A similar delay may occur once the order reaches the loading dock, as information must once again be entered to create a shipping manifest. The use of disparate systems prevents the information from moving efficiently between departments, extending the order to cash cycle.
A lack of insight into inventory levels can result in orders being entered for items that are out of stock. This has a direct impact on the order-to-cash cycle because orders that can’t be shipped can’t (or shouldn’t) be invoiced. More importantly, it affects the customer relationship, especially if they aren’t notified of the situation promptly.
The use of multiple, disconnected systems also creates data quality issues. Data entry is an inherently error-prone process. The more times a given bit of information is entered, the greater the risk that an error will occur. Maintaining data in more than one place also makes it difficult to keep information in synch. Even with integration, editing a record in one system may not update every other application where the data is stored. For instance, changing a contact’s mailing address in a customer relationship management system won’t ensure orders are delivered on time if the change isn’t captured in the shipping system as well.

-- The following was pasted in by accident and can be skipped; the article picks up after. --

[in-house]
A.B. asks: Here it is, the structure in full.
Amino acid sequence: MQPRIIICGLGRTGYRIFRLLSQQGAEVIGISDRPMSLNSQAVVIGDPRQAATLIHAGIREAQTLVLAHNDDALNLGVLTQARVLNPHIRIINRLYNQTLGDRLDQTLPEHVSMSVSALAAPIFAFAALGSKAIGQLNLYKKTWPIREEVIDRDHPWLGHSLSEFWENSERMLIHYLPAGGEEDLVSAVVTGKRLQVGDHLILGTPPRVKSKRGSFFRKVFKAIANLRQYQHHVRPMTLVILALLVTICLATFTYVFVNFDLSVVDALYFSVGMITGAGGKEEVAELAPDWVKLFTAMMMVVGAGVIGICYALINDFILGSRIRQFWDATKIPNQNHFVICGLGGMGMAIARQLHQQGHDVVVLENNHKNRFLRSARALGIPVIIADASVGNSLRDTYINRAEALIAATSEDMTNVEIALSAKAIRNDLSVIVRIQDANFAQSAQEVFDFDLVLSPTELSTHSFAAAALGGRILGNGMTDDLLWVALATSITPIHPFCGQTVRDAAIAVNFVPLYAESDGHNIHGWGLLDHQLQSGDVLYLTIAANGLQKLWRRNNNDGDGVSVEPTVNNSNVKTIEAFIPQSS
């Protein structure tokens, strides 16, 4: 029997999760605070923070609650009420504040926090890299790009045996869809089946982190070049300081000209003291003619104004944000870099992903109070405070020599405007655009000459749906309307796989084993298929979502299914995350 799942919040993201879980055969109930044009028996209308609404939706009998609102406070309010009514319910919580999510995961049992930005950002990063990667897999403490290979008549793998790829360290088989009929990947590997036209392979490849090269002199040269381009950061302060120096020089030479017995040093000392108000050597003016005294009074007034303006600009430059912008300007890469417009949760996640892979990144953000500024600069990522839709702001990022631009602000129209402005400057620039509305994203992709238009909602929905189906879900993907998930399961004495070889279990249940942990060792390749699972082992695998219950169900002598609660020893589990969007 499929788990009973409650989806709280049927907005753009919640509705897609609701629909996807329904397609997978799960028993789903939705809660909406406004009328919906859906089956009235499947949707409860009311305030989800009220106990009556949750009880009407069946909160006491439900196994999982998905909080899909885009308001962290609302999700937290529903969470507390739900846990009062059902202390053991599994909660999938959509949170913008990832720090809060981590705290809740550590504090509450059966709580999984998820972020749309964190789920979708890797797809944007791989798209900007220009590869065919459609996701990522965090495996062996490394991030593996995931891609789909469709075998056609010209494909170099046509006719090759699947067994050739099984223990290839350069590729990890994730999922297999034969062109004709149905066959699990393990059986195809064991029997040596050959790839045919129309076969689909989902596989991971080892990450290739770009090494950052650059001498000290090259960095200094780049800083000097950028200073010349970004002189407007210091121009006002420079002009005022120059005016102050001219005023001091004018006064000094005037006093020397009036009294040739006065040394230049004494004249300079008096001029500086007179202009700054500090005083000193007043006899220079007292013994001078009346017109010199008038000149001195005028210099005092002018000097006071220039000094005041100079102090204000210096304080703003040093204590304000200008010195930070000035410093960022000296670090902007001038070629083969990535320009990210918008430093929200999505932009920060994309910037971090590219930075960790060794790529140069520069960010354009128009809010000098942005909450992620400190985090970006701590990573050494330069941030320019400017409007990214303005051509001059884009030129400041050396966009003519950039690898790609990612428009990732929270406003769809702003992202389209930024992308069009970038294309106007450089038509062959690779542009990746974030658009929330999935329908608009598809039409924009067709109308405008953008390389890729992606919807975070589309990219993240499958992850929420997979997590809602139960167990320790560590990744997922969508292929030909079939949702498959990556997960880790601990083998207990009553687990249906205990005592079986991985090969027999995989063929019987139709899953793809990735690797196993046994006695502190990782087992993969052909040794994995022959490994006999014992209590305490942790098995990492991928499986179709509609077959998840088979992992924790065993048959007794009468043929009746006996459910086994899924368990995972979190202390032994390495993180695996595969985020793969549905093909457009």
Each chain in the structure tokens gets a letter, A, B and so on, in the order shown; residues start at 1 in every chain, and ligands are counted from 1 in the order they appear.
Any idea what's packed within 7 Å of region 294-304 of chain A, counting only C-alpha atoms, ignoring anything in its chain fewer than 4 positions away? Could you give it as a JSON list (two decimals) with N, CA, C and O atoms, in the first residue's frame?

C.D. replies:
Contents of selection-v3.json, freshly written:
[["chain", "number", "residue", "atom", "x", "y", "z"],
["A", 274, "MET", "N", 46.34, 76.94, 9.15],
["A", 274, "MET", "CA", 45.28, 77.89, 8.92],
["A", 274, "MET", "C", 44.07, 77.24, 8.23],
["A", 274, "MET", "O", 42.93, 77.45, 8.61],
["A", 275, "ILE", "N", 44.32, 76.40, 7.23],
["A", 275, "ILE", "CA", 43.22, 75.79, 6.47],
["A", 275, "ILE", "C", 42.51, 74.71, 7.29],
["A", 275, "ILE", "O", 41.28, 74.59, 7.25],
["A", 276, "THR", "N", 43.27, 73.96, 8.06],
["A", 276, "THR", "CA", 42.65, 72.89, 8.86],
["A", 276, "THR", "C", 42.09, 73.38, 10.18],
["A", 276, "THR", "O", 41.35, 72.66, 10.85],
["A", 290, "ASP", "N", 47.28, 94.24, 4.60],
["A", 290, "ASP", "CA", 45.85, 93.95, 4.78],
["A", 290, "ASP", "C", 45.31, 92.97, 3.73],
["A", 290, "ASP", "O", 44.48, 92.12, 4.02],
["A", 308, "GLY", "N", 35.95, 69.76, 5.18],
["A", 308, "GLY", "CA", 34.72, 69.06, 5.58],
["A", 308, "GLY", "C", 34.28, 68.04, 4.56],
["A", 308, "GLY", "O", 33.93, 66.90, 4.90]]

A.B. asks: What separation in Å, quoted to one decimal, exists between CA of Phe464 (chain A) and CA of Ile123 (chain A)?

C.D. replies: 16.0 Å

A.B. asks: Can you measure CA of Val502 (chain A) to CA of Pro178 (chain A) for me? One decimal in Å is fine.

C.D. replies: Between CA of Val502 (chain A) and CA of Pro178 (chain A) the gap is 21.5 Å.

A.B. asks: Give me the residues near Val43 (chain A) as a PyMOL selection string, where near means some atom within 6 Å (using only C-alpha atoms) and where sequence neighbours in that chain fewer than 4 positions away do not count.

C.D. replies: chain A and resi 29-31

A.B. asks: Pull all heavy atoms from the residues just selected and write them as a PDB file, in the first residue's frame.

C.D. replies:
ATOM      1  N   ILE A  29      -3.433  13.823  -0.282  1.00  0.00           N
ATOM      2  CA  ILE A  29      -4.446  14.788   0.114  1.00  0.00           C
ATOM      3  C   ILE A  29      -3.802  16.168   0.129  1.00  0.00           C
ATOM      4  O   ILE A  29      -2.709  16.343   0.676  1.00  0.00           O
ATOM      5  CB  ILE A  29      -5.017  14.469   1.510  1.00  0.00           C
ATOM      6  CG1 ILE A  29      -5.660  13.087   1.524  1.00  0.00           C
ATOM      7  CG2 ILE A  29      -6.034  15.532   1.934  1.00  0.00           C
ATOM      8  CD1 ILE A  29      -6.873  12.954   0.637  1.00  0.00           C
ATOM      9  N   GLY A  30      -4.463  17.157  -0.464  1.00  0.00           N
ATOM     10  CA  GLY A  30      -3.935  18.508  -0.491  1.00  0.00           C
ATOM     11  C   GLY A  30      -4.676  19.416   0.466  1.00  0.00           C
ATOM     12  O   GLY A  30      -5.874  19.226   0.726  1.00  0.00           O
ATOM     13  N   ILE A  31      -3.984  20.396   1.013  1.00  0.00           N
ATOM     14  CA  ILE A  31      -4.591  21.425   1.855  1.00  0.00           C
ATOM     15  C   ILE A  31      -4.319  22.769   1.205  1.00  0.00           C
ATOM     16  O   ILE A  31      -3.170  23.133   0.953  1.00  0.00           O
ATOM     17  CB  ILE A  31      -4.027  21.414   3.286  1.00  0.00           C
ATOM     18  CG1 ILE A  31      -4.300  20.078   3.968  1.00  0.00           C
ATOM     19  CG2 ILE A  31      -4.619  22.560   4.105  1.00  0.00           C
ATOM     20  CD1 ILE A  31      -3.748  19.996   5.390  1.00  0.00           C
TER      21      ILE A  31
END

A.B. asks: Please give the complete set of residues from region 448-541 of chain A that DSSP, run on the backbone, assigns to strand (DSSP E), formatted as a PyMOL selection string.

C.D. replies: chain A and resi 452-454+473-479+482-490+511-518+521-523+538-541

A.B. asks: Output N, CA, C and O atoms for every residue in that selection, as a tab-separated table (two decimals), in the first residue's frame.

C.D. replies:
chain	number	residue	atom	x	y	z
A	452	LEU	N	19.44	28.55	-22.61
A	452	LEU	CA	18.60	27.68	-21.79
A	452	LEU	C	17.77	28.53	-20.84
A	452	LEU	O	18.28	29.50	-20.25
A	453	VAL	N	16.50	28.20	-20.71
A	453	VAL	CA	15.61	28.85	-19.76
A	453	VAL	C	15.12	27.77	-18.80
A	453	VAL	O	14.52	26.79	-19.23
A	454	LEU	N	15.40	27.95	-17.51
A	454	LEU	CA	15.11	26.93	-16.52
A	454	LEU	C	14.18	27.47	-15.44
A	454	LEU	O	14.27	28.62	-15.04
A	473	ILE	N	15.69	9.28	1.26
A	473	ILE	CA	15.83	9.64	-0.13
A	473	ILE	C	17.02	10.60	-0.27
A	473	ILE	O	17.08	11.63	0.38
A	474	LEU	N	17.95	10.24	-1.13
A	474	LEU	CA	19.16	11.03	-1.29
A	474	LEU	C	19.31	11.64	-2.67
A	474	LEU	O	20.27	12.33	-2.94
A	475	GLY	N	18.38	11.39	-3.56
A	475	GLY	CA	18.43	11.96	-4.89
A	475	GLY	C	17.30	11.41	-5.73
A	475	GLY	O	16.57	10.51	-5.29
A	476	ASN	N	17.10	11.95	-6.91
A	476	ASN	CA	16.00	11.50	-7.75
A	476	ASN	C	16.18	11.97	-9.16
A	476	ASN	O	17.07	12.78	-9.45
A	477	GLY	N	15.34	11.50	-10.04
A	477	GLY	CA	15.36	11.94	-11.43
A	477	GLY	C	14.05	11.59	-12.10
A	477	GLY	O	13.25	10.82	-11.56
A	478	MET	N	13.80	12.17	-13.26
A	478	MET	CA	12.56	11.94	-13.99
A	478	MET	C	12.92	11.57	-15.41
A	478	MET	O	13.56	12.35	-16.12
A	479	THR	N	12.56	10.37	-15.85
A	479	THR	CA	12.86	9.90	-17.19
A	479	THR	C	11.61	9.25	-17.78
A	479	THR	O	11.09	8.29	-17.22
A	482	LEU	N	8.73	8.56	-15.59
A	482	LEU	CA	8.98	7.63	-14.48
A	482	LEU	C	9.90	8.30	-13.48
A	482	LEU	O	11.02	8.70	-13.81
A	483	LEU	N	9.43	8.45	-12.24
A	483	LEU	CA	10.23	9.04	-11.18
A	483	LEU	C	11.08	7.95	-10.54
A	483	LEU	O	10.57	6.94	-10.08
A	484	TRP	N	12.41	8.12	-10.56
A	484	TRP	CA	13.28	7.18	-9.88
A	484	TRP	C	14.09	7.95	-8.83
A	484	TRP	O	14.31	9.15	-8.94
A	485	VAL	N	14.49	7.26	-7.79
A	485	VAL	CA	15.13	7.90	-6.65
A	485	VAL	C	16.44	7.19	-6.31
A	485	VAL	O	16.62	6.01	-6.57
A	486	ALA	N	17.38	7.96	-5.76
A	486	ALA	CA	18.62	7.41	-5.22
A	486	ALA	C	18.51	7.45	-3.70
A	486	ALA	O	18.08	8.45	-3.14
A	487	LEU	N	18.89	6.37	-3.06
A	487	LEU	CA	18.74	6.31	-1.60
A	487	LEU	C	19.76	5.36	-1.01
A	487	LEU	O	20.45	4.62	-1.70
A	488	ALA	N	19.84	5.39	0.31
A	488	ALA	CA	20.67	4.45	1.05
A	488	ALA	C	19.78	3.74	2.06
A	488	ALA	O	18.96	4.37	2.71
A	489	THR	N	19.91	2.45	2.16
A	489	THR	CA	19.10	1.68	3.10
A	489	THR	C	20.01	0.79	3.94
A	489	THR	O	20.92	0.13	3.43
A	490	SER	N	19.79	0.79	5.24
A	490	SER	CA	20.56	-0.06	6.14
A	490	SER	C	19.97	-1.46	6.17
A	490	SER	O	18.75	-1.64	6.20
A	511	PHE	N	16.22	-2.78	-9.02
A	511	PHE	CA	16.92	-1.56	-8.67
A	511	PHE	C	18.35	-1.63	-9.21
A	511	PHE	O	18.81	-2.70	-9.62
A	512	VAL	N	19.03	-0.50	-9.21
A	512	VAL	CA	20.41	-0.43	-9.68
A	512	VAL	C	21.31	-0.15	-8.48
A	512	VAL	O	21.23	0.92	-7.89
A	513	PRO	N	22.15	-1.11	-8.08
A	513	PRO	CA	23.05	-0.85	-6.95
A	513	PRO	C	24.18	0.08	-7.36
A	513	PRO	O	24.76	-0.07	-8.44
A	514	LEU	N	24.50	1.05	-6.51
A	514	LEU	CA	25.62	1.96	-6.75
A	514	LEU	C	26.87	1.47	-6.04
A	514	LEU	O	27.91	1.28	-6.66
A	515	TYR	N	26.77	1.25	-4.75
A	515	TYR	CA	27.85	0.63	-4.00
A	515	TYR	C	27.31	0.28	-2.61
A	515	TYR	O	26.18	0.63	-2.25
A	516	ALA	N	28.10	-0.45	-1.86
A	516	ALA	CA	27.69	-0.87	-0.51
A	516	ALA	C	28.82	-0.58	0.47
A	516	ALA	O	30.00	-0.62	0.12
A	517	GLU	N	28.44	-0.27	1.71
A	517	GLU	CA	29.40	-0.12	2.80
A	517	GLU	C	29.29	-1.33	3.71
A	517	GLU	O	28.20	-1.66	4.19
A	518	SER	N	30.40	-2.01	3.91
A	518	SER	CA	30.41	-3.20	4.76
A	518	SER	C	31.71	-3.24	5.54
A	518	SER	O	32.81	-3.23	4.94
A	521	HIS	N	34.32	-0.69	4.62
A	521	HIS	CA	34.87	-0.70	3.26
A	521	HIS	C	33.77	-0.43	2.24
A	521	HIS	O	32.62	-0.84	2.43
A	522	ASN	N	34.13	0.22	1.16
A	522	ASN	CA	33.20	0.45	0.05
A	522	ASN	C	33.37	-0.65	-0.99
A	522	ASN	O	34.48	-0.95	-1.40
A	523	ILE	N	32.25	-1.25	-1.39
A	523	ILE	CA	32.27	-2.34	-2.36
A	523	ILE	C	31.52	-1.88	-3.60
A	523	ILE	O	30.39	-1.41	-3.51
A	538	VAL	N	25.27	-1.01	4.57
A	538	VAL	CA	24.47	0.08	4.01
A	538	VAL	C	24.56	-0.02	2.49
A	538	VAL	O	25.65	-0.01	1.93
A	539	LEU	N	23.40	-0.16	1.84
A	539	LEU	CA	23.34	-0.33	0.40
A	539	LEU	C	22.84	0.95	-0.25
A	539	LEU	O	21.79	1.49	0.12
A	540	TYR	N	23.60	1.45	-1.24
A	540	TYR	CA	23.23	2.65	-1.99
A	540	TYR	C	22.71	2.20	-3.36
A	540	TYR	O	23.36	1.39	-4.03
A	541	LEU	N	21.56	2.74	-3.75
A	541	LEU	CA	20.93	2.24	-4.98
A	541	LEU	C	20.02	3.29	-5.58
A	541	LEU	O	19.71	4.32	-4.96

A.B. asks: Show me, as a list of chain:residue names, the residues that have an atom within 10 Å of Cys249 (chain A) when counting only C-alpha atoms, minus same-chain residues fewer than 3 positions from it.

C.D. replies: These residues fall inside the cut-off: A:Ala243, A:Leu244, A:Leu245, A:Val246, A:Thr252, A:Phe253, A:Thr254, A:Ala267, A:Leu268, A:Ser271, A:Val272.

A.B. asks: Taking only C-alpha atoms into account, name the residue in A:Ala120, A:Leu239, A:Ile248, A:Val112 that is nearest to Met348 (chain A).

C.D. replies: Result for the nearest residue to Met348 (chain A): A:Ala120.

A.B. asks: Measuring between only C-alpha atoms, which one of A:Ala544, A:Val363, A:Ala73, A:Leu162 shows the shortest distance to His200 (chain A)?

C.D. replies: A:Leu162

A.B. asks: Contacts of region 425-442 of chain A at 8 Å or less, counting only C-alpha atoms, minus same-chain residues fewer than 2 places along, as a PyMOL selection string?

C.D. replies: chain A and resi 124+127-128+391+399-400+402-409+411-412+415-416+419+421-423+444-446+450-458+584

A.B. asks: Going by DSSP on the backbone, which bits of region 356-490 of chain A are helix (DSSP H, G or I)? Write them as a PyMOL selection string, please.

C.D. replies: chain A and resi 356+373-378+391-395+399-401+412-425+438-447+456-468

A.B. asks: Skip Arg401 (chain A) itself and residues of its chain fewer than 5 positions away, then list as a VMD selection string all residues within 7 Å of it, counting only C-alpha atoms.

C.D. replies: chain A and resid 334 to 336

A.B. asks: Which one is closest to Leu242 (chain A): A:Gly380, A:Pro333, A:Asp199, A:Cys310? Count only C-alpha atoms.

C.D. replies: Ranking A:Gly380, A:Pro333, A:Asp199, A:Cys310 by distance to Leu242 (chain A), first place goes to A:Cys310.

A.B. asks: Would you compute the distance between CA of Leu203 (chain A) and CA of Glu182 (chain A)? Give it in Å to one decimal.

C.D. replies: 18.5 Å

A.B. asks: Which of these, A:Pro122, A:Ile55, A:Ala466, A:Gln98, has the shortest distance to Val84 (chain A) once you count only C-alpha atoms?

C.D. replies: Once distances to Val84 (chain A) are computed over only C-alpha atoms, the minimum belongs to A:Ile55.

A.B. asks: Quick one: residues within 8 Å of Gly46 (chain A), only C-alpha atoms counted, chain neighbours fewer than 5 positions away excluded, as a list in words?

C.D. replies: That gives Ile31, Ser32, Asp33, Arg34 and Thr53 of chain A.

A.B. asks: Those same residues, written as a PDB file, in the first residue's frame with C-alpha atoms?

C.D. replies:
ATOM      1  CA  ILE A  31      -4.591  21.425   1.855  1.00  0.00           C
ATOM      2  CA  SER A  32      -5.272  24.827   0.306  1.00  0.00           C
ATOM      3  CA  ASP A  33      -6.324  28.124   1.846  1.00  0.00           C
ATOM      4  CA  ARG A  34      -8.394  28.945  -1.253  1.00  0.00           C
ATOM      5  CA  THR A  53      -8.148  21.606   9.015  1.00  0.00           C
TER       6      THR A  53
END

Manual processes, like data entry, not only increase the risk of errors, they are also time-consuming and inefficient. Manual billing processes, for instance, are a significant drag on the order-to-cash cycle. Simply printing, stuffing and mailing invoices can take anywhere from one day a month to a week or more, depending on the number of customers. Complex billing scenarios, such as invoicing customers based on project milestones or completion percentage, take even longer.
Ideally, customers should pay on time every time. Since that’s rarely the case, however, companies need a process for collecting delinquent accounts. Unfortunately, collections efforts are often performed ad hoc and only focus on accounts that are long-past due, making it much more difficult to secure payment. More consistent collections efforts can significantly reduce days sales outstanding (DSO), which ultimately improves cash flow.